The Independent High Authority for Elections (IHAE) and the National Authority for Information and Communication Reform (NAICR) stress, on Monday, the need to respect the ban of political advertising.
Political parties have clearly announced that they are not willing to respect this ban. The Progressive Democratic Party (PDP) said, in a statement released Monday, that "this decision is not grounded in any law" and that it is "ready to resort to court to defend its rights to communicate with the public."
An official from the Free Patriotic Union (UPL) recently said on the National Radio that his party has no intention to respect this "illogical" decision, saying that his "young party reserves the right to be known."
Contacted by TAP news agency, the IHAE, the independent authority tasked with organising, overseeing and monitoring the electoral process, was unable to comment on this announcement.
Mr. Larbi Chouikha, IHAE member in charge of the Media and Communication, said "in case of deviation, the Authority will return to the public opinion as witness," to denounce abuses and sensitise voters.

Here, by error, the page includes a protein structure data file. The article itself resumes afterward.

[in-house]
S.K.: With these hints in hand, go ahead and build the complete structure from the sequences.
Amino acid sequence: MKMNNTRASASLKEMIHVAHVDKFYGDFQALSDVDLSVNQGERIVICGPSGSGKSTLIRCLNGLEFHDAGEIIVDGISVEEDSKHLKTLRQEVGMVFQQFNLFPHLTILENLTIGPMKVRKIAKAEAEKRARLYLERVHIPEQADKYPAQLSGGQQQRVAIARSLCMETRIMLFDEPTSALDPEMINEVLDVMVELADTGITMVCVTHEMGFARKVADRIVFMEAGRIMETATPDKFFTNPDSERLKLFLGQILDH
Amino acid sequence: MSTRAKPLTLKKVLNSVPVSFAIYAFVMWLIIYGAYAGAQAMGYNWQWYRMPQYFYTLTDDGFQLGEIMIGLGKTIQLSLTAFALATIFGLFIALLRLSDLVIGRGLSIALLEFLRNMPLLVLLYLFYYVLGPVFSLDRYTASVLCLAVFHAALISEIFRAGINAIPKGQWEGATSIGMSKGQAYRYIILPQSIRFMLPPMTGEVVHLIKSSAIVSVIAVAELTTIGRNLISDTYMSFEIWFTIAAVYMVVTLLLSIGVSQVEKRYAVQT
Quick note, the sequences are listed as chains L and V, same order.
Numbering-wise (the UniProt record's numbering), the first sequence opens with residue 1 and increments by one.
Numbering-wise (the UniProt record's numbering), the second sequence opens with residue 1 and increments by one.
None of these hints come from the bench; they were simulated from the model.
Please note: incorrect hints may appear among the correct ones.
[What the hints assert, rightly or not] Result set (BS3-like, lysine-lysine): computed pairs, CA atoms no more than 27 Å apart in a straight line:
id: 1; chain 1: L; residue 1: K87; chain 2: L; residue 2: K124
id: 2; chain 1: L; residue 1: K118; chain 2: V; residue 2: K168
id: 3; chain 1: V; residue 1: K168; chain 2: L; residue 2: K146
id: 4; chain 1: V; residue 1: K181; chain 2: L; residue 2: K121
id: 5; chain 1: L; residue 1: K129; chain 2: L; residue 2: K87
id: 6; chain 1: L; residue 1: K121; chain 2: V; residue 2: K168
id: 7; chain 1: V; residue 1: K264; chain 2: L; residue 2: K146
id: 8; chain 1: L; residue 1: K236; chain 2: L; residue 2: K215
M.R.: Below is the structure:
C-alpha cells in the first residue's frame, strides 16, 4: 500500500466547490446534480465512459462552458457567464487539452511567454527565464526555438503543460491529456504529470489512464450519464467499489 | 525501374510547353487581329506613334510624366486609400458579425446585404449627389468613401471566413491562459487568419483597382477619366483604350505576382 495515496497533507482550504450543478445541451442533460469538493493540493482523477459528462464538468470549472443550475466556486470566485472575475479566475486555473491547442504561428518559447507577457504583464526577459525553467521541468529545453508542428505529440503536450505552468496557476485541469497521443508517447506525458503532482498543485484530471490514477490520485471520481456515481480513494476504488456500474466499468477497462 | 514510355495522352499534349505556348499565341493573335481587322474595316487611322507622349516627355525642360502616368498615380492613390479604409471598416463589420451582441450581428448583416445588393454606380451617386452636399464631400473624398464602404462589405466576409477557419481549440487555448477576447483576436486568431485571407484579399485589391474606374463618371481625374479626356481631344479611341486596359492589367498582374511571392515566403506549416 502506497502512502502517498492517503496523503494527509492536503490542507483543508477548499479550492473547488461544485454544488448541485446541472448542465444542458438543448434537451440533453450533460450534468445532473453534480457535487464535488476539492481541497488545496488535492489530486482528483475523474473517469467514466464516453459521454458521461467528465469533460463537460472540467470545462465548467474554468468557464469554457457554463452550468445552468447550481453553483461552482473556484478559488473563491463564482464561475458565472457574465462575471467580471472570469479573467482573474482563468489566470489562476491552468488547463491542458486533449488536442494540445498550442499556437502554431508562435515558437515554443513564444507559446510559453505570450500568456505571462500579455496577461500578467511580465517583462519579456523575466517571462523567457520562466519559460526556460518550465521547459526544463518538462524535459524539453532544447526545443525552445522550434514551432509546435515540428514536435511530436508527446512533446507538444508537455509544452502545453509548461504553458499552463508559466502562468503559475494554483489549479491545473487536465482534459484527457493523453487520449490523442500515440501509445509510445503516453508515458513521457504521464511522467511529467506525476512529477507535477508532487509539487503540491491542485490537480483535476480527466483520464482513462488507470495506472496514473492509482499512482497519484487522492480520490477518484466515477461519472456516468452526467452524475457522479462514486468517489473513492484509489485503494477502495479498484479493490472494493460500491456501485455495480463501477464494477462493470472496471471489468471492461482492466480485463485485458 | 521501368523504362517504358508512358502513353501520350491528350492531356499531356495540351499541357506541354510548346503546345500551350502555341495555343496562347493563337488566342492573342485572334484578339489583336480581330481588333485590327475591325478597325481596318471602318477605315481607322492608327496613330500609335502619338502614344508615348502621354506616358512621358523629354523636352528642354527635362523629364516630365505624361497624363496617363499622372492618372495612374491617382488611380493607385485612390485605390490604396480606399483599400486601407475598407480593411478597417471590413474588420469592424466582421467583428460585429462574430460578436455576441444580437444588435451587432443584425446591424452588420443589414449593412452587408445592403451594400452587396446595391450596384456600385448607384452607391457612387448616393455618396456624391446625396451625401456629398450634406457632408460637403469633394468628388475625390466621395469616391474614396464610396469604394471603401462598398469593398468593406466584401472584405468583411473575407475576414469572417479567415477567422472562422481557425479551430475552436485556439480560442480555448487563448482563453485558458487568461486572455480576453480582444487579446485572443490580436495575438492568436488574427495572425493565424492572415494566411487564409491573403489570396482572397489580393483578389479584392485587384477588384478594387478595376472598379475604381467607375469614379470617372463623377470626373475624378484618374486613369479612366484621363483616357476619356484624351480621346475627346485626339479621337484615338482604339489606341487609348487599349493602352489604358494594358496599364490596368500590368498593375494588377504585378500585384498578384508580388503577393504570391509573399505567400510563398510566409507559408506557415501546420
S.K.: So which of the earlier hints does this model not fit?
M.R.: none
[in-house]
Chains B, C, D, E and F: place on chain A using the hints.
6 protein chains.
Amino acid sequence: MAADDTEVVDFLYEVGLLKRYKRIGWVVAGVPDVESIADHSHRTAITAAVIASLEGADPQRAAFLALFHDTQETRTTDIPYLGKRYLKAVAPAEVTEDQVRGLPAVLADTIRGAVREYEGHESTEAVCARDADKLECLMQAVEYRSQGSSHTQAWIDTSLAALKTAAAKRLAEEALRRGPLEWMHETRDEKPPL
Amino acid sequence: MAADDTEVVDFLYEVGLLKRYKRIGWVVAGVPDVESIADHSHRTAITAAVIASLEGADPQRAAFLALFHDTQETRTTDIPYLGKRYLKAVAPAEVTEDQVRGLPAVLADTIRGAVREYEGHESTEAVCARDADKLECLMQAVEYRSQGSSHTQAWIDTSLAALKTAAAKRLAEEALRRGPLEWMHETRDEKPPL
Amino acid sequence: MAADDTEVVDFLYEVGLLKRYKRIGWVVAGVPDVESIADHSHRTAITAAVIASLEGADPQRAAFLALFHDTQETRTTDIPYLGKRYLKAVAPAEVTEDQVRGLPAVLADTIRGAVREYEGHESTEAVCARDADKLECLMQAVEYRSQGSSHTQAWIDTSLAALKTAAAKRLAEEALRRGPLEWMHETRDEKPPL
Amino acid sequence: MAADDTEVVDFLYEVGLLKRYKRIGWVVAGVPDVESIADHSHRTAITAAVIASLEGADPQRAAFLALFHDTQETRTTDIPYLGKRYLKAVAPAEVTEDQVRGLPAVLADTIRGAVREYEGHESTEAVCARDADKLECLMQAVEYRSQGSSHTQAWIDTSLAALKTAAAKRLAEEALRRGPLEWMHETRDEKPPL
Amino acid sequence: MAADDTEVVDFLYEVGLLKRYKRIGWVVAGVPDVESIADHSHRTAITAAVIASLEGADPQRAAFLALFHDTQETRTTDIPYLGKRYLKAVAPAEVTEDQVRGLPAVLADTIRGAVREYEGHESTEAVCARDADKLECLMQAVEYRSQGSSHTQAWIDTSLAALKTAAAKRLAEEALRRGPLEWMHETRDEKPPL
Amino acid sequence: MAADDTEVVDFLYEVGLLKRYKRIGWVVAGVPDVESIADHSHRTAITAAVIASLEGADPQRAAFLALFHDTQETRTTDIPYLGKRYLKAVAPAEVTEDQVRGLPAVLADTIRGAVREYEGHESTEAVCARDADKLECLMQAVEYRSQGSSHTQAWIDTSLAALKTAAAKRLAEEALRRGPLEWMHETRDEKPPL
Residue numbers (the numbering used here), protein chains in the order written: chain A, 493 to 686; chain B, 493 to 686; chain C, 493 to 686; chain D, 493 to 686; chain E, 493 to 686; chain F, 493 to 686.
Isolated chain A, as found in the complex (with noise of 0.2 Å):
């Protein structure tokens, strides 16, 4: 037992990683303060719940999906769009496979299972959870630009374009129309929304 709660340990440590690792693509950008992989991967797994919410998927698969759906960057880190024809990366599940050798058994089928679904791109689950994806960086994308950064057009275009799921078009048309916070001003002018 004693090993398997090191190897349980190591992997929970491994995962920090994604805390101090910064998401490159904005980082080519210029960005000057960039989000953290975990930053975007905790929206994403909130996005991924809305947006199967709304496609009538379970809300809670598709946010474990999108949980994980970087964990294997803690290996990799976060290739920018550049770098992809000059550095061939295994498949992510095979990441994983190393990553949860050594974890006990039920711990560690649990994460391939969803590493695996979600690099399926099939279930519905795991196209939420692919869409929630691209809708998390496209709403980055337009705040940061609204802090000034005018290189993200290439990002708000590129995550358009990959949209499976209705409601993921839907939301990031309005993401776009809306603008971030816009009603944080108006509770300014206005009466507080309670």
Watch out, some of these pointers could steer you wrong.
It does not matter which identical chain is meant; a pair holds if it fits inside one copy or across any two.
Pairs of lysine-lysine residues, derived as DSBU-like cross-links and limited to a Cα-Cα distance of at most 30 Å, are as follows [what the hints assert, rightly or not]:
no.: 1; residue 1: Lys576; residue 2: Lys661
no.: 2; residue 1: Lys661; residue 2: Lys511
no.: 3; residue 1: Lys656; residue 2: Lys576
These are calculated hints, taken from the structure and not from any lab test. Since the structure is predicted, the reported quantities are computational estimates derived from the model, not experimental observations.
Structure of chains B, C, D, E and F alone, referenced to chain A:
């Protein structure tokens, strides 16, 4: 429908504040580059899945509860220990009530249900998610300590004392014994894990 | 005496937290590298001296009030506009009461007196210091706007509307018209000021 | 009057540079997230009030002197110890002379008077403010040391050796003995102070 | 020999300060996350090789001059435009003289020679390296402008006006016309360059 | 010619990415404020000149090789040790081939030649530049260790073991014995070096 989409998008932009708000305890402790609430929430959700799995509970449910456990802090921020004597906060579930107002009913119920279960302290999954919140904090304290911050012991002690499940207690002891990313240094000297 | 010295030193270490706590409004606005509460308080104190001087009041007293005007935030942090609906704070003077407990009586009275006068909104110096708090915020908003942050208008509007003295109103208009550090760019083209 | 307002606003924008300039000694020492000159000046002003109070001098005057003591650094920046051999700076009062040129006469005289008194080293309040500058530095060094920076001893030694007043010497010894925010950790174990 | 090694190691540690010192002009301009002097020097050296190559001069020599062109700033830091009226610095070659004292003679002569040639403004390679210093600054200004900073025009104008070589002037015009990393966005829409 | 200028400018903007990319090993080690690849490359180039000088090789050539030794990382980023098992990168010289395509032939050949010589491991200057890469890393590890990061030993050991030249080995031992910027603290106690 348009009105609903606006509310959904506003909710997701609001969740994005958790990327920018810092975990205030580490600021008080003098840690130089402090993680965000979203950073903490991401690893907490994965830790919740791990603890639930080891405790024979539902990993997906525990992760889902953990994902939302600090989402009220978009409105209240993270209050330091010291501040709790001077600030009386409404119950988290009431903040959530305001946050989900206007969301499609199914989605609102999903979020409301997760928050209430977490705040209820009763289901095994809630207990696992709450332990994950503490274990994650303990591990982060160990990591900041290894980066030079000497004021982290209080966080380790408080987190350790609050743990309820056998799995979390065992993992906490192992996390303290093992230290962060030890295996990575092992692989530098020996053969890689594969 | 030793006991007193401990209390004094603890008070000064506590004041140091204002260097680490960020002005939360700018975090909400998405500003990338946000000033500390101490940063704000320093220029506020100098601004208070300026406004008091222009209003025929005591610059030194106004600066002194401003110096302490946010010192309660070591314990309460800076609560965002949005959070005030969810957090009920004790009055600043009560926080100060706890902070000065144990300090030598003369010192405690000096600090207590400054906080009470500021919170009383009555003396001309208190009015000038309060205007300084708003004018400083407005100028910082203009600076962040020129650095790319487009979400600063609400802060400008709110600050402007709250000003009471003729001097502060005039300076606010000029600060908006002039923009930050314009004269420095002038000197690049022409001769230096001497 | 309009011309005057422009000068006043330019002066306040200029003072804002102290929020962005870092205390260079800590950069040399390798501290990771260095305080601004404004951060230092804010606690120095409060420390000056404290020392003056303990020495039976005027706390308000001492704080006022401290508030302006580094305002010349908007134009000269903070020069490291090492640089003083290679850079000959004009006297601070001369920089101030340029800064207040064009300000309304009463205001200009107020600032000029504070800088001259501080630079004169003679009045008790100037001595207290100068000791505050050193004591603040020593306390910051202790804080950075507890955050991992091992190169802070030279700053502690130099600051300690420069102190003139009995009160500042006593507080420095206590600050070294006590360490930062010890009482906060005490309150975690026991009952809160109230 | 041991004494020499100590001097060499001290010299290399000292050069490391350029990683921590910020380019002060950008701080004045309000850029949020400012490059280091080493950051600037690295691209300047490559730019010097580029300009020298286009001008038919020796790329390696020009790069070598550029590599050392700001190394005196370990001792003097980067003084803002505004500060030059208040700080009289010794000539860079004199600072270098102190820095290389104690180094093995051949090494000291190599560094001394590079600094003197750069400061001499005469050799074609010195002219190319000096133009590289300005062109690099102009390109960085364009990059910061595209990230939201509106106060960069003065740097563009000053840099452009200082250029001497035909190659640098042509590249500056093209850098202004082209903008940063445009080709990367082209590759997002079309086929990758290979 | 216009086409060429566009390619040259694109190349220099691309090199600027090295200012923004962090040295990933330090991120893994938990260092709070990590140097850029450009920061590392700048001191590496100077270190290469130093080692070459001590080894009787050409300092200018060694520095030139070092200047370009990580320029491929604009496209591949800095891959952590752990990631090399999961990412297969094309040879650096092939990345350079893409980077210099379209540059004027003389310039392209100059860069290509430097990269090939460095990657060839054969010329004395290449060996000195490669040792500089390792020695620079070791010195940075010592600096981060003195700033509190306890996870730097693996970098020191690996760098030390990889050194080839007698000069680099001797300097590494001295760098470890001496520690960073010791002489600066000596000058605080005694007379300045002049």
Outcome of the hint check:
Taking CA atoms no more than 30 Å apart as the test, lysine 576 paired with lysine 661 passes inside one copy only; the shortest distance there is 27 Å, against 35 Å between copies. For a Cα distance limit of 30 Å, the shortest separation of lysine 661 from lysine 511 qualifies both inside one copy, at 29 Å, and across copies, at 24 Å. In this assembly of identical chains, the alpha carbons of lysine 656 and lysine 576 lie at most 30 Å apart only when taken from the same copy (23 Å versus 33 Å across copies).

He reminded that the IHAE has recruited independent monitors tasked with ensuring compliance with this decision on public roads and to monitor the media.
Mr. Mourad Mouelhi, member in charge of Legal Affairs, said the decree-law on the creation of the IHAE provides for resort to public authorities to implement the Authority's decisions and take needed measures in this regard.
The IHAE also relies on the NAICR to enforce provisions related to advertising on the media.
The NAICR emphasises its support to the IHAE decision to ban political advertising and expresses astonishment at the announcement made by some parties not to respect it, said NAICR chairman Kamel Laabidi.
"Political advertising is banned in most of the democratic systems," he underlined, saying that the use of political money to influence voters may undermine the emerging democratic process.
All parties do not have the same financial resources and potentialities, also noted Mr. Laabidi, pointing out that "letting political advertising taking over may undermine fairness and rules of the political game and fair competition that are needed to ensure the success of democratic